Saindak Copper Gold Project

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Saindak Copper-Gold Project
Location
Location Saindak, Chagai District
Balochistan
Country Pakistan
Production
Products Copper, Gold, Silver
History
Opened 1995
Owner
Company Metallurgical Corporation of China Ltd.
Saindak Metals Ltd.

Saindak Copper-Gold Mine is located near Saindak town in Chagai District of Balochistan, Pakistan. The discovery of copper deposits at Saindak was made in the 1970s in collaboration with a Chinese engineering firm. The Saindak Copper-Gold Project was set up by Saindak Metals Ltd, a company fully owned by the Government of Pakistan, by the end of 1995 at a cost of PKR 13.5 billion.

Pakistan and China signed a formal contract worth $350 million for development of Saindak Copper-Gold mine. The mine was leased for a 10-year period to Metallurgical Corporation of China Ltd. (MCC), a subsidiary of the China Metallurgical Group Corporation. As per the lease agreement 50% of revenues from the mine go to MCC, 48% go to the Government of Pakistan, while 2% go to the Government of Balochistan.[1]

History[edit]

Trial production at the Saindak Copper-Gold project started in 1995 with commitment of funding from the Government of Pakistan. The four-month trial operation had a monthly production rate of 1700 tonnes of copper, 6000 oz of gold, 12000 oz. of silver.[2] A 50MW power plant was constructed at Saindak with aid grants from Germany and France.[3] German and French aid grants and the Balochistan government also funded the bulk water supply system of 32,000 tonnes of daily drinking water, water treatment plant, warehouse, workshops, laboratories, storage, airport and railroad link with ECO Highway. The Balochistan government also invested funds in building a township with schools, hospitals, shopping plazas, streets, lighting and water pipelines for over 2000 residents.[3]

After the construction of the infrastructure and the trial run, the project was to be operated by Saindak Metals Ltd, a company owned by the Pakistan government. The federal government was to provide funding for operations of the mine through Saindak Metals. Proceeds from the mine were then to be split between the provincial government of Balochistan and the federal government of Pakistan. However, the PKR 17 Billion required to start operations were not received due to political wrangling and bureaucratic delays.[2] As a result, after the 1995 trial run, the project faltered for a number of years.

In 2002, the Government of Pakistan invited foreign investors to provide funding for the project. The Pakistan government awarded the mining project to the Metallurgical Corporation of China (MCC) Ltd under a 10-year lease due to expire in October 2012. MCC is a subsidiary of the Chinese government owned company, China Metallurgical Group Corporation. Under the terms of the deal, MCC paid an annual rent of $500,000 for the mine to the Government of Pakistan. Under the re-negotiated terms, 50% of the proceeds from the mine were retained by MCC, while 48% of the proceeds went to the Pakistan government. Although the mine is located in Balochistan and the infrastructure was funded by aid grants and the Balochistan government, the province got only 2% of the proceeds. The terms of the lease agreement caused major discontent among Balochistan's population.[1]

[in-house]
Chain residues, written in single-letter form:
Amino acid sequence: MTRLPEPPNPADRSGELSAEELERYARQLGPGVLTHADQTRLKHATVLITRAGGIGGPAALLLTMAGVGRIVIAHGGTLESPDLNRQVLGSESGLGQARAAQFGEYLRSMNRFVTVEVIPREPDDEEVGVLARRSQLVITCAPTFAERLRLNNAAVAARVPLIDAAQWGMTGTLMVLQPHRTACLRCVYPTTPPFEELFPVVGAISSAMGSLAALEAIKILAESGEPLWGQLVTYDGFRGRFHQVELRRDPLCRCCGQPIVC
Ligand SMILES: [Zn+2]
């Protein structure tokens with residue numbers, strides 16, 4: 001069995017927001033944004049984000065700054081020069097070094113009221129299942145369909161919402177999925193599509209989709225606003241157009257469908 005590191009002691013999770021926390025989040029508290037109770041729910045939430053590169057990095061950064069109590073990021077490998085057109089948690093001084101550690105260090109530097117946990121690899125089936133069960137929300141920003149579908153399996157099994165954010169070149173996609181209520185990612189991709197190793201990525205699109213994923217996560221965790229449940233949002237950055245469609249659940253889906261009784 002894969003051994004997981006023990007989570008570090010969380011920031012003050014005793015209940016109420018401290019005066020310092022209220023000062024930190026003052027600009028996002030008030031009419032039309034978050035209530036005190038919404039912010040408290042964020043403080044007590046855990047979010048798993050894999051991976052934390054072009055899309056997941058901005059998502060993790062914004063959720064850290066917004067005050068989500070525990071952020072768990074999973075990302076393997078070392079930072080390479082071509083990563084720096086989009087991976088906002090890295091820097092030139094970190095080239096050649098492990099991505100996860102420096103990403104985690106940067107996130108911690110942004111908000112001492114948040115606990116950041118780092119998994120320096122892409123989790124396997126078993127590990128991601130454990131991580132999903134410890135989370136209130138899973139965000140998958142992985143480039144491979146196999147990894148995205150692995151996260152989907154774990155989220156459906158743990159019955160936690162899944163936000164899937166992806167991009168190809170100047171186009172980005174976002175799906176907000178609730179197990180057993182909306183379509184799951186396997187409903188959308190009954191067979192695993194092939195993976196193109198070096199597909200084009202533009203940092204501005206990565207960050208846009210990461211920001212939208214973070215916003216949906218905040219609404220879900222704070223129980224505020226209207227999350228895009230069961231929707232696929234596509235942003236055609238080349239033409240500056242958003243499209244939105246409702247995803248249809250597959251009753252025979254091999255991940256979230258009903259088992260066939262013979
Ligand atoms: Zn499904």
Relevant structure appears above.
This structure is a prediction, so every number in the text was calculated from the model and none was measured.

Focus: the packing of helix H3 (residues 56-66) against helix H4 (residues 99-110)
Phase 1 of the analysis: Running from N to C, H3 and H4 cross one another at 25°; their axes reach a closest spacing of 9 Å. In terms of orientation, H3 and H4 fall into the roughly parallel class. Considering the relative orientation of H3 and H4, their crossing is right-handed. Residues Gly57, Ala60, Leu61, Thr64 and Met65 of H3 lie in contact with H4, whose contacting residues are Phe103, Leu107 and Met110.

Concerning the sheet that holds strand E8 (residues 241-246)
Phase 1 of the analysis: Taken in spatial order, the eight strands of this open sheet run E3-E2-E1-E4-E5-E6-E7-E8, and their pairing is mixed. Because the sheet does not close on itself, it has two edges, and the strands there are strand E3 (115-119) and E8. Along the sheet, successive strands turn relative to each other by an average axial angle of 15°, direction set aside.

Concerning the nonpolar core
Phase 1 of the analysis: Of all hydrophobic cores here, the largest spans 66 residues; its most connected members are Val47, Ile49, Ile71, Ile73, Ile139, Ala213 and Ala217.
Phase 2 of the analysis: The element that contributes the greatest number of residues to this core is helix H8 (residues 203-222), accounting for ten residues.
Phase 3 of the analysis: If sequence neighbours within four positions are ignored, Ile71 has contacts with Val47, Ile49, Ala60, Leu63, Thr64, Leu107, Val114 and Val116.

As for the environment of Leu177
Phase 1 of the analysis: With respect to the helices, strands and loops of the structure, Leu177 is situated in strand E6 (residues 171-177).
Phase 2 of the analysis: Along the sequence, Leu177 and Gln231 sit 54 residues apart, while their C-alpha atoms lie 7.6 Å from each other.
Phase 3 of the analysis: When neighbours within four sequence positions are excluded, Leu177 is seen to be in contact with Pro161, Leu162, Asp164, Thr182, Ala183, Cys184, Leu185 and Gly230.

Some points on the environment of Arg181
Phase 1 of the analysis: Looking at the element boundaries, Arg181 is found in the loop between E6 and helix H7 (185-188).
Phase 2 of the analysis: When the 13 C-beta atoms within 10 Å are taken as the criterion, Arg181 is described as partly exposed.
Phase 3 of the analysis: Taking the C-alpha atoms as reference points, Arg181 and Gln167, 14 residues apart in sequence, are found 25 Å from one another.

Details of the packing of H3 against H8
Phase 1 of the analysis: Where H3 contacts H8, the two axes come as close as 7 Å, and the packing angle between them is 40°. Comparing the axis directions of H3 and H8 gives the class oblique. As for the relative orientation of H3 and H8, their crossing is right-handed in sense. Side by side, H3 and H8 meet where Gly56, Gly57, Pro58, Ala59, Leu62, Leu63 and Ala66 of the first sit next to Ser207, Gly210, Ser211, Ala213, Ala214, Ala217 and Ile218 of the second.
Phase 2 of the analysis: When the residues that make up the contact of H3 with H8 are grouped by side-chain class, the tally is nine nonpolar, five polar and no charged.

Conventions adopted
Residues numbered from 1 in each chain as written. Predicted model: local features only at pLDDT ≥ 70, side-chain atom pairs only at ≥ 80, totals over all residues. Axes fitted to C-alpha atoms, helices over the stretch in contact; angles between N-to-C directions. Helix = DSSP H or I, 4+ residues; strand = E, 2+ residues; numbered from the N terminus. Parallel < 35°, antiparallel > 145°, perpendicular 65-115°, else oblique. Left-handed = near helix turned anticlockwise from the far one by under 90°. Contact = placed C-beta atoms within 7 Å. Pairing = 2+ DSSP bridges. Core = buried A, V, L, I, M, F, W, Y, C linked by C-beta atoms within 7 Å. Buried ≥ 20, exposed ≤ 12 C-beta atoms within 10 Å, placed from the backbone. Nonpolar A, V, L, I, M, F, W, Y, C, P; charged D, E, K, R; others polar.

As per the Aghaz-e-Haqooq-e-Balochistan package, the federal government agreed to transfer a majority of its holdings in Saindak Metals Ltd to the provincial government. The Balochistan government would then receive 35% of the proceeds from the mine. However, this transfer of shares was stalled when the federal government demanded that Saindak Metals first repay PKR 29 Billion to the federal government which the government had invested in Saindak Metals. The company repaid PKR 6 billion to the federal government but then ran out of funds. So it offered the federal government an additional 20% stake in the company (for another 10% of proceeds from the mine) in lieu of the remaining loan amount. However, the Pakistan government has refused to transfer the shares in the company to the Balochistan government.[4]

Another cause for concern for the provincial government has been over mining of resources from Saindak. With MCC mining more ore from the mine than originally estimated, Balochistan was concerned that there would be fewer years of life in the mine once it receives ownership.[5]

In Mar 2011, the Pakistan government extended MCC's lease of the Saindak mine by another 5 years from October 2012. Under the re-negotiated terms of the lease, MCC would receive 45% of proceeds from the mine, while Balochistan would receive an additional 5%.[4]

Mine[edit]

The Saindak mine was estimated to have ore reserves of 412 million tonnes containing on average 0.5 gram of gold per ton and 1.5 grams of silver per ton. According to official estimates, the project has the capacity to produce 15,800 ton of blister copper annually, containing 1.5 ton of gold and 2.8 ton of silver.

References[edit]

  1. ^ a b C. Christine Fair (2012-02-08). "Balochistan: U.S. House of Representatives, Committee on Foreign Affairs, Oversight and Investigations Sub-Committee". 
  2. ^ a b "Reviving the Saindak project". Pakistan & Gulf Economist. Dec 20–26, 1999. Retrieved 2012-02-07. 
  3. ^ a b "The revival of Saindak project". Pakistan & Gulf Economist. Mar 18–24, 2002. Retrieved 2012-02-07. 
  4. ^ a b "Saindak project: Govt to extend Chinese firm’s gold, copper mining contract". The Express Tribune. 2011-03-17. Retrieved 2012-02-07. 
  5. ^ "China digs Pakistan into a hole". Asia Times Online. 2006-10-05. Retrieved 2012-02-07. 

External links[edit]